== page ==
Hair loss is a problem that dates back quite a bit. We nowadays have hair transplant doctors to cure hair loss for us but the earlier times not only had weird cures but also something that made people scratch their heads for a while. Let us discuss these cures to give you an idea about how things were, back in the day.

Egyptian Remedies

For instance, talking about Egyptians, they have permanently made their way into the history books one way or the other. Some of the cures they had for hair loss included, fat mixture from crocodile, hippopotamus, snake, ibex and tomcat along with boiling porcupine hair in water and applying to scalp for four days. You might have as well seen movies that show you Egyptians wearing wigs and fake beards, reflecting their concerns related to maintaining hirsuteness as well, which was in fact true.

Hippocratic Growth

Hippocrates was a Greek physician who was also known as the father of Western medicine. Born somewhere around 460 B.C. he had quite a number of cures for hair loss. He had suggested and prescribed using opium, horseradish, pigeon droppings, beetroot and spices to help stop the receding hairline. Even though it didn’t help anyone, but in 1995 the Duke University’s researchers agreed and confirmed that the procedure could indeed help with hair loss prevention.

Combovers and Laurel Wreaths

You might have heard about Julius Caesar and you are thinking what does he have to do with all this. However, let us inform you that Julius Caesar also had the same problem. When Julius started losing hair, he tried almost everything to hide the bald patches. When combovers were newly introduced, he had used it to cover his scalp with the help of thinning mane that was quite long in the back. When that did not work, his significant other, Cleopatra suggested home remedy of horse teeth, bear grease and ground-up mice. Moreover, even when that did not work, he chose to go ahead with using laurel wreath.


Toupees were once used to be donned by royals of 17th century such as King Louis XIII of France to hide his scalp that was balding. Later on, massive wigs that used to have curls along with white powder peppered gained quite popularity amongst both French and English nobles. Moreover, it had become a symbol of status for the colonists of America until the revolution of America.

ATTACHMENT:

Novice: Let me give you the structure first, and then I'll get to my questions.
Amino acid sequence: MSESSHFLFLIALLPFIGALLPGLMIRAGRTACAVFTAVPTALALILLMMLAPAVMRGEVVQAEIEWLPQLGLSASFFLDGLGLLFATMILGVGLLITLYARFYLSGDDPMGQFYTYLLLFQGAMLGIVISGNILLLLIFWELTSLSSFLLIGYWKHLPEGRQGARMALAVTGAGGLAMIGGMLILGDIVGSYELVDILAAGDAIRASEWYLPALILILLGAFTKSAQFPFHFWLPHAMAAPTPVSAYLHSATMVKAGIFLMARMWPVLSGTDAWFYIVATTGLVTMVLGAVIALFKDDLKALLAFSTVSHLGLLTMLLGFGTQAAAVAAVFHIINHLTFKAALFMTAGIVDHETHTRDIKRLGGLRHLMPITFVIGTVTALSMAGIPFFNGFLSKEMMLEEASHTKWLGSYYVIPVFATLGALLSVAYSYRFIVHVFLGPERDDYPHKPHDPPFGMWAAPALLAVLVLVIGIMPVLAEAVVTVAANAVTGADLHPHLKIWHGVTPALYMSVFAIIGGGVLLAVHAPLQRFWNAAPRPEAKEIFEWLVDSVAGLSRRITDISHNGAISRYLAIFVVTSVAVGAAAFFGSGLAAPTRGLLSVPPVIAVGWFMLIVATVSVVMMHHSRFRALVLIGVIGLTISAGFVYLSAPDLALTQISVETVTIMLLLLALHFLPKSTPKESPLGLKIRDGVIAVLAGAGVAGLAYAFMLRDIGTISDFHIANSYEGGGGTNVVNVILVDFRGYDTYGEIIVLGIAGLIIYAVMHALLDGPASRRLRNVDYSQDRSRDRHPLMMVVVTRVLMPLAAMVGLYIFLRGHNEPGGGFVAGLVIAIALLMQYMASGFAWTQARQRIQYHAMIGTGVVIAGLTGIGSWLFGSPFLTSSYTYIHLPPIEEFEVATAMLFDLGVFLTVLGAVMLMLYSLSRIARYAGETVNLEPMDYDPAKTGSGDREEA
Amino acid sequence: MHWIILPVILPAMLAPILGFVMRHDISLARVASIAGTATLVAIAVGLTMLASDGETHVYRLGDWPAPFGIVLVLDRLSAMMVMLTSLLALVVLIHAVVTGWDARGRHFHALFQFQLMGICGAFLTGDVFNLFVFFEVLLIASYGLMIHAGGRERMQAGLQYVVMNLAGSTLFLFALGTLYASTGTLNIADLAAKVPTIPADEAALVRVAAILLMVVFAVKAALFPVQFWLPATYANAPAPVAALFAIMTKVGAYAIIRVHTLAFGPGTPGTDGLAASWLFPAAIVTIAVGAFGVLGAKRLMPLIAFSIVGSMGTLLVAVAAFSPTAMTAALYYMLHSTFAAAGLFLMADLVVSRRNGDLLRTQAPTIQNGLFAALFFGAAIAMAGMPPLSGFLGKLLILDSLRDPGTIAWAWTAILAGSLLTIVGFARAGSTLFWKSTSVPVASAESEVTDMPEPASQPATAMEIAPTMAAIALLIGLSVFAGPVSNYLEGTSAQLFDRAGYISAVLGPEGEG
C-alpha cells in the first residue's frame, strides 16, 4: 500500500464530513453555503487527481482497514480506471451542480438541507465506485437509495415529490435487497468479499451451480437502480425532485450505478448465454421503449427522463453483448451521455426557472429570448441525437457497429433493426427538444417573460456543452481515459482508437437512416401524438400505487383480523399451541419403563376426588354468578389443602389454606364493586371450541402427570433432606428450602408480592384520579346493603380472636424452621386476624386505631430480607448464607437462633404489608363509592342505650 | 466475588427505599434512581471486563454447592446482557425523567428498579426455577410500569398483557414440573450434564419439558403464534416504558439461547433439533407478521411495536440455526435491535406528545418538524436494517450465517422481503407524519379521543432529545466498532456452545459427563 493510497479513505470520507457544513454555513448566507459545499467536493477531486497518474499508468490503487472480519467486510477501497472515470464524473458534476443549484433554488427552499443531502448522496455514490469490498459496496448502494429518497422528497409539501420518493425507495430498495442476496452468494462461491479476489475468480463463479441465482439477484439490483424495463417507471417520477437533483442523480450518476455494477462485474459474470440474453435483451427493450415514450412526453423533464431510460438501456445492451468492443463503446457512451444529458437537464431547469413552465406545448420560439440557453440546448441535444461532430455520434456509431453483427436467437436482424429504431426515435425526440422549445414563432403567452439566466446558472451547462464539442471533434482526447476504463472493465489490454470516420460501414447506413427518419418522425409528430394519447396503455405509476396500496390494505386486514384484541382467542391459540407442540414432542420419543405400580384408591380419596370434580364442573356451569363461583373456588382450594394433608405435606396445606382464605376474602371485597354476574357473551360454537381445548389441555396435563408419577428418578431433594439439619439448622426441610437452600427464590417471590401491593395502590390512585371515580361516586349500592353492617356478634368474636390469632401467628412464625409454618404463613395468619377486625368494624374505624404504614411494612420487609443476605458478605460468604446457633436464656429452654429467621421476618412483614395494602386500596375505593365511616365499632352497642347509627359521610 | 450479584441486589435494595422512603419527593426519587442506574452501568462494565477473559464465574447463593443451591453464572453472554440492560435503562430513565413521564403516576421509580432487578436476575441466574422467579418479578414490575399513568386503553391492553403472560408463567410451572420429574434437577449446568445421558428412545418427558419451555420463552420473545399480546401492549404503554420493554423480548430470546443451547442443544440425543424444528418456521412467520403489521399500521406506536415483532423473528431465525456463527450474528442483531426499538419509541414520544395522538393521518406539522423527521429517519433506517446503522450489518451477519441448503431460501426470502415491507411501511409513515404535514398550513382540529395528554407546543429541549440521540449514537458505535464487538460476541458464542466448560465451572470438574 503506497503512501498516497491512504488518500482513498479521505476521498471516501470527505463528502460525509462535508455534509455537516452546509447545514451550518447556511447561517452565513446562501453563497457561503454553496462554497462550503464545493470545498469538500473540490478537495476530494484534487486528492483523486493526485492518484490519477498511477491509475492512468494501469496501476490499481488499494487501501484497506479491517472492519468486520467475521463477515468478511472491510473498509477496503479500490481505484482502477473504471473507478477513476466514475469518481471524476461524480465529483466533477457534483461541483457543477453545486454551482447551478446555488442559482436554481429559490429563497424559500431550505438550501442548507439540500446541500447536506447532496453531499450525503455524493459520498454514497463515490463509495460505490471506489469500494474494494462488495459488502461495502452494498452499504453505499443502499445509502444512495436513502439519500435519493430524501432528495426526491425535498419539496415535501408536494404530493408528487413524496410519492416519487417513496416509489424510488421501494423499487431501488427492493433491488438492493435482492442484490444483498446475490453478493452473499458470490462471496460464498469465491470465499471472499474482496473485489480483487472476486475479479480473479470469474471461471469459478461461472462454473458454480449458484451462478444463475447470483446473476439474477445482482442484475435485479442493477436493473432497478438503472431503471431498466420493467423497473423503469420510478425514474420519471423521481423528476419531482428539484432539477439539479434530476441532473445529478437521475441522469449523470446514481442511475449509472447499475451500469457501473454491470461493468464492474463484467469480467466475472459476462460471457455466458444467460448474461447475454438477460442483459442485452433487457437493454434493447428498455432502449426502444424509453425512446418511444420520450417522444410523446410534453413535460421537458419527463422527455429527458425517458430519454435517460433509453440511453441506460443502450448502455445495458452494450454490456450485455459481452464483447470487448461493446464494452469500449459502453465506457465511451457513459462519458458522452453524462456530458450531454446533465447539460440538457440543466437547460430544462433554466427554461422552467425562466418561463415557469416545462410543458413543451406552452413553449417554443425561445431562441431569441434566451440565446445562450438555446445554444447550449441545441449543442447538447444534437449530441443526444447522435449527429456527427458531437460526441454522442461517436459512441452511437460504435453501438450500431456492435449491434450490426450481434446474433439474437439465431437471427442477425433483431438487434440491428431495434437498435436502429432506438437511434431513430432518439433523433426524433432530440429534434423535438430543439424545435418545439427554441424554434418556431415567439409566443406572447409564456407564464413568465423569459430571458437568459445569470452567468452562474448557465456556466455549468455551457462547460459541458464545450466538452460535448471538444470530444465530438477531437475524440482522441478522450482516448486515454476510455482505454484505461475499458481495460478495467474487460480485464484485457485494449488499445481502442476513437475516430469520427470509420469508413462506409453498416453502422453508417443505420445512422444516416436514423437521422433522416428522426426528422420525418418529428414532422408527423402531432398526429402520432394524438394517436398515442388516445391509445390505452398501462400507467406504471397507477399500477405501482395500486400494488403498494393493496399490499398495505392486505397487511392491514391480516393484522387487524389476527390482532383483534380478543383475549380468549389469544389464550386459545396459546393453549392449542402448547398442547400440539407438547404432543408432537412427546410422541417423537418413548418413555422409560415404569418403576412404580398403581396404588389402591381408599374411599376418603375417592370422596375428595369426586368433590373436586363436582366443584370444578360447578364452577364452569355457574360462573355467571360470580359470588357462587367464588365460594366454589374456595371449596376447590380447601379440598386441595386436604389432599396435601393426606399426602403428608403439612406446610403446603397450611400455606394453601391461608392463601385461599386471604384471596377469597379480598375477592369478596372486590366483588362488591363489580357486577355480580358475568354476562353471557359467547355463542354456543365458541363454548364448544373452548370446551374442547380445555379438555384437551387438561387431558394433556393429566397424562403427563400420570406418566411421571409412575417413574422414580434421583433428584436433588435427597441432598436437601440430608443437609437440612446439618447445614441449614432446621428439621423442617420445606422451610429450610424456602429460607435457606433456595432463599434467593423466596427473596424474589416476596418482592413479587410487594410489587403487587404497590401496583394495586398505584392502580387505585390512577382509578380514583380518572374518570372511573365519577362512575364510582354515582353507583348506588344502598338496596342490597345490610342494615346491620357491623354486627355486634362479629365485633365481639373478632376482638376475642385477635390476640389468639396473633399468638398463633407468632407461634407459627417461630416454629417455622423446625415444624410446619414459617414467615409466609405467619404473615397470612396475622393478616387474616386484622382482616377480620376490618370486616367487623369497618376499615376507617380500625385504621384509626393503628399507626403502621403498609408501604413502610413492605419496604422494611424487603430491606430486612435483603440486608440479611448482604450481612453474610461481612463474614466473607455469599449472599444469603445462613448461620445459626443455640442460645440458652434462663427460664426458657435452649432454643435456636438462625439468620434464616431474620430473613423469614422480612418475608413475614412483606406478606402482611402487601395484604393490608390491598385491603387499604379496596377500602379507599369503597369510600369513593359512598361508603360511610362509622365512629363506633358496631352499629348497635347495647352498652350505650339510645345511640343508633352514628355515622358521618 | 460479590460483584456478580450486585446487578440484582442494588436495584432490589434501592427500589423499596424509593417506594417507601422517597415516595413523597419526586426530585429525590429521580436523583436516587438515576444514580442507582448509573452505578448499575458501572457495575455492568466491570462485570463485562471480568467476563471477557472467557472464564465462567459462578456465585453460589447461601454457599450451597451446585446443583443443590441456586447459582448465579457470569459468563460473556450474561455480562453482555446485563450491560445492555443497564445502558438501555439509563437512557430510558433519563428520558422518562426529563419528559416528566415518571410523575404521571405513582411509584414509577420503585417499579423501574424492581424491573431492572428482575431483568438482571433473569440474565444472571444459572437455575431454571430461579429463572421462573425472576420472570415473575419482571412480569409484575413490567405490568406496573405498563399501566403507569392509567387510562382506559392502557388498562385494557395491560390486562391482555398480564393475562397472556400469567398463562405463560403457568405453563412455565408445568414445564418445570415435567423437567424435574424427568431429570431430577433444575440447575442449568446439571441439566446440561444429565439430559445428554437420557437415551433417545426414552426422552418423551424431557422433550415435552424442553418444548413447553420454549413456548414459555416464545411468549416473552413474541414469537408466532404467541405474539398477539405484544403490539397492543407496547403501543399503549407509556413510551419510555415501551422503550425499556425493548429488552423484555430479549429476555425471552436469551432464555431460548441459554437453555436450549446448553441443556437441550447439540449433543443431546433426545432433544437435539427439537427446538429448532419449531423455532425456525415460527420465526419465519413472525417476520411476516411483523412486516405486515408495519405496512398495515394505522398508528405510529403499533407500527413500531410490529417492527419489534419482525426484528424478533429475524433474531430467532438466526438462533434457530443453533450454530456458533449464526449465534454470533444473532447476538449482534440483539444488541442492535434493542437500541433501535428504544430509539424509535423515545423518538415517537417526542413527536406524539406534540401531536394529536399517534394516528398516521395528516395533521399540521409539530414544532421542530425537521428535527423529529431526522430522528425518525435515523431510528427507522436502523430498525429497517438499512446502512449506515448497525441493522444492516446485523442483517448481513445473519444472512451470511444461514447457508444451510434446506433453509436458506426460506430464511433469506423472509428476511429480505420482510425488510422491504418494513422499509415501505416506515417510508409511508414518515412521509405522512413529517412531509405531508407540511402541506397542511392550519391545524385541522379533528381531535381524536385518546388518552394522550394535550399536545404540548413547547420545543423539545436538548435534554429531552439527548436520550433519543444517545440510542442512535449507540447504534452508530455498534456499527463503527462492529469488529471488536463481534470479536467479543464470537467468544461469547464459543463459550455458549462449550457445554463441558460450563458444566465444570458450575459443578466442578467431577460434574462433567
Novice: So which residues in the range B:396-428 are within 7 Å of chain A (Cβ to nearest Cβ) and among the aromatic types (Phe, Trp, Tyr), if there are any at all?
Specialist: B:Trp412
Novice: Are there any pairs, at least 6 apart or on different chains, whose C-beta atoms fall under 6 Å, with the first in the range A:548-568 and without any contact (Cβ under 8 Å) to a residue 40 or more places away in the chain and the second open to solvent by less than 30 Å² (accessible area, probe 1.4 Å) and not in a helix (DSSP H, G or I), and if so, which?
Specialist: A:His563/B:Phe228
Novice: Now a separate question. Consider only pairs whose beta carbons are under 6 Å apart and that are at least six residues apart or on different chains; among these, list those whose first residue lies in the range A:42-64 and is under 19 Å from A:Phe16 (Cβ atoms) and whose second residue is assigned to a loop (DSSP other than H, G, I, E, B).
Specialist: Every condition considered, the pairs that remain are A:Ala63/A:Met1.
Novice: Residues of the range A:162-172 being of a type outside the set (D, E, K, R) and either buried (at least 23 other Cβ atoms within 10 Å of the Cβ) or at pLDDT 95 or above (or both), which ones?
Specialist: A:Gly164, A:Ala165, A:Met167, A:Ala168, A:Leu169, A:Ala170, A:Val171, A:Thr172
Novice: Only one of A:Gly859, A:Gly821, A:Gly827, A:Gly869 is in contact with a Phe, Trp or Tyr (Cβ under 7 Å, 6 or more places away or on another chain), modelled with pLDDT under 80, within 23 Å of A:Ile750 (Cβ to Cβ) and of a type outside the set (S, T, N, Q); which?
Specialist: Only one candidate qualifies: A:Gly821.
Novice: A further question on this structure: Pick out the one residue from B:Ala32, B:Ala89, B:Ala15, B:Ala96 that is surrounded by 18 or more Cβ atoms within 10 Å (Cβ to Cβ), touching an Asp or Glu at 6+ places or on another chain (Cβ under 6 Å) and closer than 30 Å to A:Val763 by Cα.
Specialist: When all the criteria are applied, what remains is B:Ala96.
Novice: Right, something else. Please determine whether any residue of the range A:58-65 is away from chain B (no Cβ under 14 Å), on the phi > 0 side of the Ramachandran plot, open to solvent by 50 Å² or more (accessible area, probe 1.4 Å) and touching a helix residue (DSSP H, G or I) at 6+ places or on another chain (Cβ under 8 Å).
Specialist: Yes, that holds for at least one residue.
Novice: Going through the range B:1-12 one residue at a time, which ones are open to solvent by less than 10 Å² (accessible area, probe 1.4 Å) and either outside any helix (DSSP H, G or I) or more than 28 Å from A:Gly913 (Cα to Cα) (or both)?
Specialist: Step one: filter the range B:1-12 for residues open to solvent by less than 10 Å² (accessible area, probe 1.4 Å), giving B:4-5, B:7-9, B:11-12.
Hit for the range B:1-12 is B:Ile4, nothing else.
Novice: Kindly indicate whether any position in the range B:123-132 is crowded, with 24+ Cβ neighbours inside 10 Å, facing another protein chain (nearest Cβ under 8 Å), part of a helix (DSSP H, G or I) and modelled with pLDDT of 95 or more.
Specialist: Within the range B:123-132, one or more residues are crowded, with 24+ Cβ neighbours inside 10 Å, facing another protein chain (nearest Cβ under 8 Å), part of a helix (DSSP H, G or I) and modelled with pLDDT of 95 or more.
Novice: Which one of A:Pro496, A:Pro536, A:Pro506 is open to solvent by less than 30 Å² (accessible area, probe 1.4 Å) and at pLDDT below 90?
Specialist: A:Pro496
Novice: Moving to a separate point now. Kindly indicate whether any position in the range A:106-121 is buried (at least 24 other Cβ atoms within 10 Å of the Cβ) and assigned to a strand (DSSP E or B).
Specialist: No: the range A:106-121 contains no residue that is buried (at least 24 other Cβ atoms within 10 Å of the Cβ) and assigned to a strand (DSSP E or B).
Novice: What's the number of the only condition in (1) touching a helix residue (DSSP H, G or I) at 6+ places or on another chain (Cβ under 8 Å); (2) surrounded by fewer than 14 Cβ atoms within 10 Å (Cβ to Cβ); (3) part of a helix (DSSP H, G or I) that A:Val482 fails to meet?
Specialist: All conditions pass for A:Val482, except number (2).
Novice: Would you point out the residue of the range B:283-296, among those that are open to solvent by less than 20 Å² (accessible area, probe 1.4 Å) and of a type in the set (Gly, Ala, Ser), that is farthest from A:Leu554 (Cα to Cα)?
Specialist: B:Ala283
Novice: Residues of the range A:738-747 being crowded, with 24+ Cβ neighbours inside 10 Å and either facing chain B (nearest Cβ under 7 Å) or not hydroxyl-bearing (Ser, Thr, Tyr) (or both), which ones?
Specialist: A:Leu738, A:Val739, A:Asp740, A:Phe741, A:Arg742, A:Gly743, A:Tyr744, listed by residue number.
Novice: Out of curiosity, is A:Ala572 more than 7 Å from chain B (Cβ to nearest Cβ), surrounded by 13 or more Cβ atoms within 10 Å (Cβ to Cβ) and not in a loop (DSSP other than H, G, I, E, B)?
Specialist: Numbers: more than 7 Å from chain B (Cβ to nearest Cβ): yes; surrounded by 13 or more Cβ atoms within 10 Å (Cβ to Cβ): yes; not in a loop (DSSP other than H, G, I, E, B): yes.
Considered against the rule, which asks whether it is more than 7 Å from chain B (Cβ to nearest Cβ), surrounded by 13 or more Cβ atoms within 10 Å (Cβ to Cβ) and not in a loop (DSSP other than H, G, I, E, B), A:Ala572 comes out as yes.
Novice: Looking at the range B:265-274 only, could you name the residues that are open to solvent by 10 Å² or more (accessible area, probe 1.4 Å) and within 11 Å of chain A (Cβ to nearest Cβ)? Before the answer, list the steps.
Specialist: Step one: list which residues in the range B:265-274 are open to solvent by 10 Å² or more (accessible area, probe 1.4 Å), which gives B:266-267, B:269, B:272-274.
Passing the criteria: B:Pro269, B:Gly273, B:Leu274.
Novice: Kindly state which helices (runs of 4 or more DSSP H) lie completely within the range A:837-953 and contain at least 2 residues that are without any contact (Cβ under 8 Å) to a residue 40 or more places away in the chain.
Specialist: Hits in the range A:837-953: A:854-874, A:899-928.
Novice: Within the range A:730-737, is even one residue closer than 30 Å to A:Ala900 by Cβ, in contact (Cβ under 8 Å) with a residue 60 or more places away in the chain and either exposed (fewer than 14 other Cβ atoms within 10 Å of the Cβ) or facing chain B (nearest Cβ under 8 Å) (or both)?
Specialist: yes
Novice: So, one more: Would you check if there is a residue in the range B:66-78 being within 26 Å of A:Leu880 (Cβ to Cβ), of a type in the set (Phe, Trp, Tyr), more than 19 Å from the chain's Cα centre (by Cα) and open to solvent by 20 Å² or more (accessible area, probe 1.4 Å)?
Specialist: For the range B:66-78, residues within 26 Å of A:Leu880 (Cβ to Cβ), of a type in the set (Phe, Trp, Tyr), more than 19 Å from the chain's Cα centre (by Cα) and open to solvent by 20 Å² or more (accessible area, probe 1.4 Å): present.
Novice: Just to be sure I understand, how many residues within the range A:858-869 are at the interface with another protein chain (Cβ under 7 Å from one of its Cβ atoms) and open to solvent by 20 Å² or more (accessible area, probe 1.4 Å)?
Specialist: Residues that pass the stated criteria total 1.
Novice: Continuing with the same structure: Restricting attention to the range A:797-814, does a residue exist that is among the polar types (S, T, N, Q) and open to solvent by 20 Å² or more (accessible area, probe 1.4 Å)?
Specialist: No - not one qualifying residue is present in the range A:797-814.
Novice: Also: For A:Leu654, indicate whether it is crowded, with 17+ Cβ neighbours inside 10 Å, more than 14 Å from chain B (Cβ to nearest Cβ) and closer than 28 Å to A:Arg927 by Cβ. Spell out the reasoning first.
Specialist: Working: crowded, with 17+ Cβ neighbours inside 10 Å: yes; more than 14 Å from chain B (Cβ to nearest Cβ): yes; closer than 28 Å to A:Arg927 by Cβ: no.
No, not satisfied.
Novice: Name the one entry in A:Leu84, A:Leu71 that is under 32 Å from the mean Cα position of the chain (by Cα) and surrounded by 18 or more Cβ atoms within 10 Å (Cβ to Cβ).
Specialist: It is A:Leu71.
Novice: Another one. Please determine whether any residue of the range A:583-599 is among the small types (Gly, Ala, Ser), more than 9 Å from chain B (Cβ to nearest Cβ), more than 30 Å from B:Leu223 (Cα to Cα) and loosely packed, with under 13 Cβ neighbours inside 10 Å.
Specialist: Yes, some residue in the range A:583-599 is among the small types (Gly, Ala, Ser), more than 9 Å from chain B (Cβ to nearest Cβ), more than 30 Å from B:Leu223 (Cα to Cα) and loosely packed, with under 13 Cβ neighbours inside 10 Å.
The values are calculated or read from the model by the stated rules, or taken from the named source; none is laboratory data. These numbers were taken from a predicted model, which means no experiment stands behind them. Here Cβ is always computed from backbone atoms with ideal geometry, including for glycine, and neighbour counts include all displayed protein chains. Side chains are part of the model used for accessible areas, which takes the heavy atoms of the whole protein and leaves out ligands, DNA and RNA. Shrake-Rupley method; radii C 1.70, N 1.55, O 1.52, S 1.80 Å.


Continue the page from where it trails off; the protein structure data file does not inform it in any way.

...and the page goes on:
Snake Oil

It was not long when during the 19th century, the United States saw a growing number of Snake Oil “Salesmen”. These salesmen use to act as doctors and sell potions that would cure anything that ailed you. These potions were made for different purposes but some such as Seven Sutherland Sisters Hair Grower were specifically made to prevent and reverse hair loss.

Hot Sauce

Using hot sauce is your daily food was claimed to be a good cure for hair loss. It can be backed up by a single 2003 study capsaicin helped mice regrow hair quickly. For those who don’t know, capsaicin is an ingredient is chili pepper and hot sauce is made of chili. But for good or bad, there is no proof of it working on humans. Try it at your own risk. Even using it on your hair would tempt you ti taste it too which might not be good for your diet plan. A way better option is hair transplantation though.


Tea? Yes, you heard that right, tea. While tea acts as an excellent beverage for refreshing, who would not want it over their scalps? Therefore, during the 19th century in England, people who used to have hair loss and thinning problems would rub “cold Indian tea” and lemon hunks over their scalps.

Hot Heads

The 20th Century had seen manufacturers trying hard to come up with solutions to tackle the most prevalent problem, which was hair loss. The invention that had caught the world’s eye was Thermocap device introduced in the 1920’s by Allied Merke Institute that required 15 minute sessions every day in order to stimulate hair bulbs, which sadly did not do anything to solve the problem. Keeping in mind these ancient remedies, hair restoration clinics nowadays offer something much better with positive results as well with less worrying factor, otherwise who would like curls peppered with white powder, right?